Weather Muddles Oxford Regatta


Racers Face Dead Calm After Start In Rainstorm

August 14, 1991|By Nancy Noyes

For the sailors in this year's summer Oxford Regatta, with the Tred Avon and Chesapeake Bay yacht clubs as hosts, it was another memorable event.

The event combined a big-boat race to Oxford on Friday and buoy race Saturday with a major one-design regatta Saturday and Sunday. Even a special event for the picturesque and exciting log canoeswas part of the festivities.

The big-boat racers found the Friday-Saturday event to be a bizarre combination of feast and famine as far as weather went.

Friday's fleet of at least 120 PHRF, IMS and MORC boats and Tritons met at the starting line in a torrential downpour and strong, gusty winds reported at 30 knots or better.

The fleet actually have featured as many as 136 boats, but poor visibility in the heavy rain at the start made a complete and accurate check-in of starters very difficult for the Race Committee.

Filling in the gaps at the finish also was tough because a number of boats were forced to drop out during the race after suffering rigging or sail breakdowns.

As the fleet worked down the bay from the mouth of the Severn River, into the Choptank and then the Tred Avon, to the finish line off the Tred Avon club 29 miles away, the wind continued to change in strength and direction.

Itdropped to less than 5 knots and picked up again with a vengeance (some crews reported more than a dozen headsail changes in the on-again, off-again wind), forcing the wet, tired sailors to work to the limits of their endurance to stay on their toes at all times.

Saturday's round-the-buoys race was an endurance contest of another kind whenthe noontime light air died off.

The 14-mile course in the Choptank couldn't be shortened, a Race Committee spokesman said, because Jim Muldoon on his Santa Cruz 70 Donnybrook was too far ahead of the rest of the fleet to allow the committee to make the change across the board.

Of more than 100 boats starting that race, only 25 or 30 could finish within the six-hour limit, and all were among those with the earliest start times that day.

Among those who did finish Saturday were Tom Closs Sr. and Tom Closs Jr. and the crew on their Oyster43 Fun. They aced the IMS II class after getting the gun in Friday'srace to Oxford.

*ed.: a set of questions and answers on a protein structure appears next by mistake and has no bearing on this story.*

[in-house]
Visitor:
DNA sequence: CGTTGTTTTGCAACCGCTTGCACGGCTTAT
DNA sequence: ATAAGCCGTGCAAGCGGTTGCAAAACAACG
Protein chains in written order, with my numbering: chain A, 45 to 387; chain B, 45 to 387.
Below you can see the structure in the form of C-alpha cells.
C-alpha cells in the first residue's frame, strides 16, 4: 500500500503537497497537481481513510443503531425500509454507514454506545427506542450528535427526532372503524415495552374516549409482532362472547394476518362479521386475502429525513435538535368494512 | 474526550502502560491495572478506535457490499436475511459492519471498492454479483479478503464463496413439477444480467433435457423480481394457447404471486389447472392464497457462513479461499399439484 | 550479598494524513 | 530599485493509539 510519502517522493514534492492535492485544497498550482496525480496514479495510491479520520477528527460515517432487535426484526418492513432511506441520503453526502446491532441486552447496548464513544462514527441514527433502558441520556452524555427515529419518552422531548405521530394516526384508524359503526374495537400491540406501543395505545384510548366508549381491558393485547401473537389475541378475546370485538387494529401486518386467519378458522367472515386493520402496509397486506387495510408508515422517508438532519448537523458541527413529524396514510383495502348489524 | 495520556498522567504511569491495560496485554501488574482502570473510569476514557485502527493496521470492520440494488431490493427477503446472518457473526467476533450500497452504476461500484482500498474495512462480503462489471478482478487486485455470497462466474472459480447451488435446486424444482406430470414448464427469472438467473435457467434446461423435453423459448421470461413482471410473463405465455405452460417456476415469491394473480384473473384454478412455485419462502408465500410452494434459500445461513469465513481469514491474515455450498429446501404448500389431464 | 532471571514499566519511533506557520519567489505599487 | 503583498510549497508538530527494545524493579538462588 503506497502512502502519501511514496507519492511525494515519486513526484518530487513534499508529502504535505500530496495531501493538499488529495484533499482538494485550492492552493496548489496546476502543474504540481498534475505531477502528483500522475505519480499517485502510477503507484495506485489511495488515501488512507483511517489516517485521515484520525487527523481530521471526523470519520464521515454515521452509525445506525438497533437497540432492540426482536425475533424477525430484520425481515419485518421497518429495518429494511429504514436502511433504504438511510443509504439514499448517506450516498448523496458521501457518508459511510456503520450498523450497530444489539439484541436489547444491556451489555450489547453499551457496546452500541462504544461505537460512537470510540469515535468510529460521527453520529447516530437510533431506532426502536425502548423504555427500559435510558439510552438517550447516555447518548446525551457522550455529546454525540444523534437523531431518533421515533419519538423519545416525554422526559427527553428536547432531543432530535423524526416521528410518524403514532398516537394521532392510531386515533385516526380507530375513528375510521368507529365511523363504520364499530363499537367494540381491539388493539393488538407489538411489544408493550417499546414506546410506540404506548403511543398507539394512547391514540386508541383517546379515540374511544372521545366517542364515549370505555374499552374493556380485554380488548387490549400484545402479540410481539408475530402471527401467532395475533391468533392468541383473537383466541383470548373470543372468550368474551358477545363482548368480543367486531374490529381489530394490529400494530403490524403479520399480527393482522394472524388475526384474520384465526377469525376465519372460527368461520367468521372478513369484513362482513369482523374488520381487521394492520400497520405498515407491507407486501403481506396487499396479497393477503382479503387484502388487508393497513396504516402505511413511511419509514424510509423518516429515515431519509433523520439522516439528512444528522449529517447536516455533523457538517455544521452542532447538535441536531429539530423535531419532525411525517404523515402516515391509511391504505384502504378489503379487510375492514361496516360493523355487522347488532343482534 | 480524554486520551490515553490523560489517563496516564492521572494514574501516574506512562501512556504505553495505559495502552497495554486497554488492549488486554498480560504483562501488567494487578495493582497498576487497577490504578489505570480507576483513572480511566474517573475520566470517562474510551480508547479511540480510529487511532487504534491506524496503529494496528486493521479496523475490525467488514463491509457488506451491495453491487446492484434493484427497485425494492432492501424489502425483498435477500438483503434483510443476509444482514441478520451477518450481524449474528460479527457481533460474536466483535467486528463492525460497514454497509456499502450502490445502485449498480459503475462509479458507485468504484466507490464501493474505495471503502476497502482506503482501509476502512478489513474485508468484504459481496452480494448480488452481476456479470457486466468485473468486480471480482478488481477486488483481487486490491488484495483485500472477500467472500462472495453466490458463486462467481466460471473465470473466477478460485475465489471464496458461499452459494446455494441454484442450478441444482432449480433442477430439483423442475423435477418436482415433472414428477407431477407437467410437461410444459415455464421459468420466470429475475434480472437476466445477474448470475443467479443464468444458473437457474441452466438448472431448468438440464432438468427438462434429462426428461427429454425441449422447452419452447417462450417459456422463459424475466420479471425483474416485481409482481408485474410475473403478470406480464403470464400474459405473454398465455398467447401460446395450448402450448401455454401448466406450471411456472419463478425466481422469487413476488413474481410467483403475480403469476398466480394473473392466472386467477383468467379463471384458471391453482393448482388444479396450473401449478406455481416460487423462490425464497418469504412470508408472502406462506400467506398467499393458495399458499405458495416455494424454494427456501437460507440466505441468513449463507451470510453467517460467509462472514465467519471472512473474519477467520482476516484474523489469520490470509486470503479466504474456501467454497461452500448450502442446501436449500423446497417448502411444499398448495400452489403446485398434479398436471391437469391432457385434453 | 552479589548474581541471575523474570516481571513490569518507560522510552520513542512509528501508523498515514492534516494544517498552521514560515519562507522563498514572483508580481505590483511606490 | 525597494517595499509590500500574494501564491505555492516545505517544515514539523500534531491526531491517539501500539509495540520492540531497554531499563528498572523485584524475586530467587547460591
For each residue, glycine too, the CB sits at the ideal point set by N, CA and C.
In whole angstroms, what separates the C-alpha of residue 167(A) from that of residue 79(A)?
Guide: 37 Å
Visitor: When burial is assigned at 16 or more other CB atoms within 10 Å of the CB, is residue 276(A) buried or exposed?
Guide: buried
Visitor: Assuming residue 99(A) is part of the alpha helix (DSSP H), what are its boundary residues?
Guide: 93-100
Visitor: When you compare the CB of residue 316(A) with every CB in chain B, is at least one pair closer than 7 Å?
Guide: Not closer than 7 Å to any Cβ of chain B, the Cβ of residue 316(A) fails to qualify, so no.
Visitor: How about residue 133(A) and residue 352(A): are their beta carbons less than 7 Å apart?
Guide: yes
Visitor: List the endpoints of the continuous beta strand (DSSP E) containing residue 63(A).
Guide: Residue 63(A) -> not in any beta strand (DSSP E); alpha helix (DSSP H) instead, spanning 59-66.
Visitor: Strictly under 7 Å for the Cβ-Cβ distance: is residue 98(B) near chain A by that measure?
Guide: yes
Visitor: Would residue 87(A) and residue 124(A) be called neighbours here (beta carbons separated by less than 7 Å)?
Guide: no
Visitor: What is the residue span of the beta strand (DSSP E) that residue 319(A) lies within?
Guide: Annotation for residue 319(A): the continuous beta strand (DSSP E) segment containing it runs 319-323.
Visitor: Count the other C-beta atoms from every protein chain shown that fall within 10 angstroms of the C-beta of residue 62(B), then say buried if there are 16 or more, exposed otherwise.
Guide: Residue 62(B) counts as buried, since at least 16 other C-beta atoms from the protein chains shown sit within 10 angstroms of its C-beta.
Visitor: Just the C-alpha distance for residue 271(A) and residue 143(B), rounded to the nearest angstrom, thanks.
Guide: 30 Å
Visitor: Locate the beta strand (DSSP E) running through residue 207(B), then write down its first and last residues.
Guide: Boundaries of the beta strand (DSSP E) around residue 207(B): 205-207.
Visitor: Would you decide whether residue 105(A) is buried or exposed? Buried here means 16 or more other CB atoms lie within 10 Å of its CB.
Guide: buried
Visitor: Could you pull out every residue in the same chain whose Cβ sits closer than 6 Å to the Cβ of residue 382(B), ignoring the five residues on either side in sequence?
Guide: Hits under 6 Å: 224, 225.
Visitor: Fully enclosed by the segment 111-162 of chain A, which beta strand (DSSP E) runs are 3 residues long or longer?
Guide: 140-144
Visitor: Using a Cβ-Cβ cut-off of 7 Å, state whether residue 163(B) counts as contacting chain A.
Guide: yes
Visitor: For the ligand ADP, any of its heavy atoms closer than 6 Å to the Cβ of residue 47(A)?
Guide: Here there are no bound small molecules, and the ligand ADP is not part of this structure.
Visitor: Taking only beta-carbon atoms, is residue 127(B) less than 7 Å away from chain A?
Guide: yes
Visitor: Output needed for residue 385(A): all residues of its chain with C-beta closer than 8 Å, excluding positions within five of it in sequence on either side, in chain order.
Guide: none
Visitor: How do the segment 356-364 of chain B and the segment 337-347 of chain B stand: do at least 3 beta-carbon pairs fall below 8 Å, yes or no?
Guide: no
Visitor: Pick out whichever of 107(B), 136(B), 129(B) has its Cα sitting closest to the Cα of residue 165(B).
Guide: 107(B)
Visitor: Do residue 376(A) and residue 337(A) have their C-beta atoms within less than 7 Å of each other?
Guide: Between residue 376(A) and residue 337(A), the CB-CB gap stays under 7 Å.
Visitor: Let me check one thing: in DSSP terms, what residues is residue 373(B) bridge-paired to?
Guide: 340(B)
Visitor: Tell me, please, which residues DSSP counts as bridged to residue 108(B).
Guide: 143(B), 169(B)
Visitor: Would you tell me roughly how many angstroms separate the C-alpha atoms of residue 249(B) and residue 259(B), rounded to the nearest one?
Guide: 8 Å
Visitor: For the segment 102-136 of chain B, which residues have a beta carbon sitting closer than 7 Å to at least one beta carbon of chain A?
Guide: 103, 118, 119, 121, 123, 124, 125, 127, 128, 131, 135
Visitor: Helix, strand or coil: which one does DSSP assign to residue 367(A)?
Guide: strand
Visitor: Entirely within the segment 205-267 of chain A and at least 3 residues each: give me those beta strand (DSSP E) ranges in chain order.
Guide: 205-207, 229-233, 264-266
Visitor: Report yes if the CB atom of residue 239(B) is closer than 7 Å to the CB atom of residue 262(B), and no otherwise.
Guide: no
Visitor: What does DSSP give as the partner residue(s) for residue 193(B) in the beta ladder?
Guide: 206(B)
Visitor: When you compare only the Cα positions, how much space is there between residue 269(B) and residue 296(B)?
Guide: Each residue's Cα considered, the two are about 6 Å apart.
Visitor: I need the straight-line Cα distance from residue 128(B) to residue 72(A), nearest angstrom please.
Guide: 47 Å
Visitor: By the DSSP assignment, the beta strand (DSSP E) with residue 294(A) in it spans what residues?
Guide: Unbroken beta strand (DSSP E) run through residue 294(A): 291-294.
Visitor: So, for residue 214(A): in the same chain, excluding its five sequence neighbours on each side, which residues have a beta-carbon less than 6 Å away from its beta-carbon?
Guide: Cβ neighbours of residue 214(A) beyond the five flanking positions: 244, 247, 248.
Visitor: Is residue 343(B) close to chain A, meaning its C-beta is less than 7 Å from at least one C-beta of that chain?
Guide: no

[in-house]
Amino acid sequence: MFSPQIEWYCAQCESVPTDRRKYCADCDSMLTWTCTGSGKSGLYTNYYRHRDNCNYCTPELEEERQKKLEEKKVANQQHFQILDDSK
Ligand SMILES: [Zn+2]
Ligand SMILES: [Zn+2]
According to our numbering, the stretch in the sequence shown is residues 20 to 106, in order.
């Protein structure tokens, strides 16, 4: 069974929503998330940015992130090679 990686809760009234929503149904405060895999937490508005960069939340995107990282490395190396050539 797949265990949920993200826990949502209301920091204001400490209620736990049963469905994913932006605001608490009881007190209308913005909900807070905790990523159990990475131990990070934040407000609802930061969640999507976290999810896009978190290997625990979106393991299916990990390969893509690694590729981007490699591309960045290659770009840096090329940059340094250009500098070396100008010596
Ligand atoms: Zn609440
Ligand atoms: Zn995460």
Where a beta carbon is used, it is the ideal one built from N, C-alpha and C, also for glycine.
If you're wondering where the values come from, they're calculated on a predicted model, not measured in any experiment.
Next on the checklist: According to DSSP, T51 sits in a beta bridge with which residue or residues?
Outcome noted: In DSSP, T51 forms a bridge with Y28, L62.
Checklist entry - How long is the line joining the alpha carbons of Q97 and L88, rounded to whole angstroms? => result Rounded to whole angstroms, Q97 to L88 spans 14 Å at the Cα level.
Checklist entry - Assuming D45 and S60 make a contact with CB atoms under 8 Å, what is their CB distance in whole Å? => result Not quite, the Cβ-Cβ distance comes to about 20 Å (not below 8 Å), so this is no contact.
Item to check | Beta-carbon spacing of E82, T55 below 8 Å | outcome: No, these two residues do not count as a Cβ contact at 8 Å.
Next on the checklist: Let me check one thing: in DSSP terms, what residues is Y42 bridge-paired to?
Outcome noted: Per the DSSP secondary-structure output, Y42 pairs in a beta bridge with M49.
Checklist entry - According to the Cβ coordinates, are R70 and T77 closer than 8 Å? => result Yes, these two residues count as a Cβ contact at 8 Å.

"I enjoyed the race down," said Closs Jr. "It waskind of fun watching the bow go under water, sort of like ocean racing. I always like the Oxford race, because I think it's a fun race, and there's something to do when you get there. It's an excellent overall product, and it's a wonderful place to visit."

In the beat down the bay in the changing wind speed, the Fun crew made an excellent recovery from a near disaster.

"We went shrimping for about seven minutes," Closs said. "When we changed from the No. 1 to the No. 3, the No. 1 went under the netting up forward and filled up with water under the boat. We couldn't get it back aboard for the longest time. Ifinally had to stop the boat and literally back it down with the main to save my brand-new sail. It was exciting."

Once they had recovered, Closs said, it was a close reach up the Choptank in gentle breeze, followed by a light-air spinnaker run up the Tred Avon to the finish.

Although the Closses were first over the finish line, their mishap cost them the Friday victory when Dave Dodge on Privateer was able to take them on corrected time and left them second.

On Saturday, Closs explained, "We were very fortunate. We led at all the marks, and we finished just as the wind was dying. We just drifted across the finish line. The wind was shifting, and the shifts were very fast. That made it difficult for the committee to set a real windward leg. By the time we started, the wind had shifted so it was almost a reach, reach, reach around the course, so I'd say a key to winning was waterline. But we are lucky to have a very, very coordinated crew."

About 100 one-design sailors took part in two races Saturday and a single contest-closer Sunday.

Summer Oxford is always an important event for the area Star sailors, and this regatta was no exception, when the fleet included 12 teams from around the region.

First in this event went to Annapolitans Steve Kling and Sandy Warwick after finishes of 1-5-4.

"It was blowing about 10 knots most of the time, but it dropped off in the afternoon both days," Kling explained. "We sailed pretty well, all things considered."

Kling said that the duo won the start in the first race Saturday and stayed in front through the rest of the race. After a particularly bad start in the day's second race, they managed to work back up through the fleet from virtually dead last to finish fifth.

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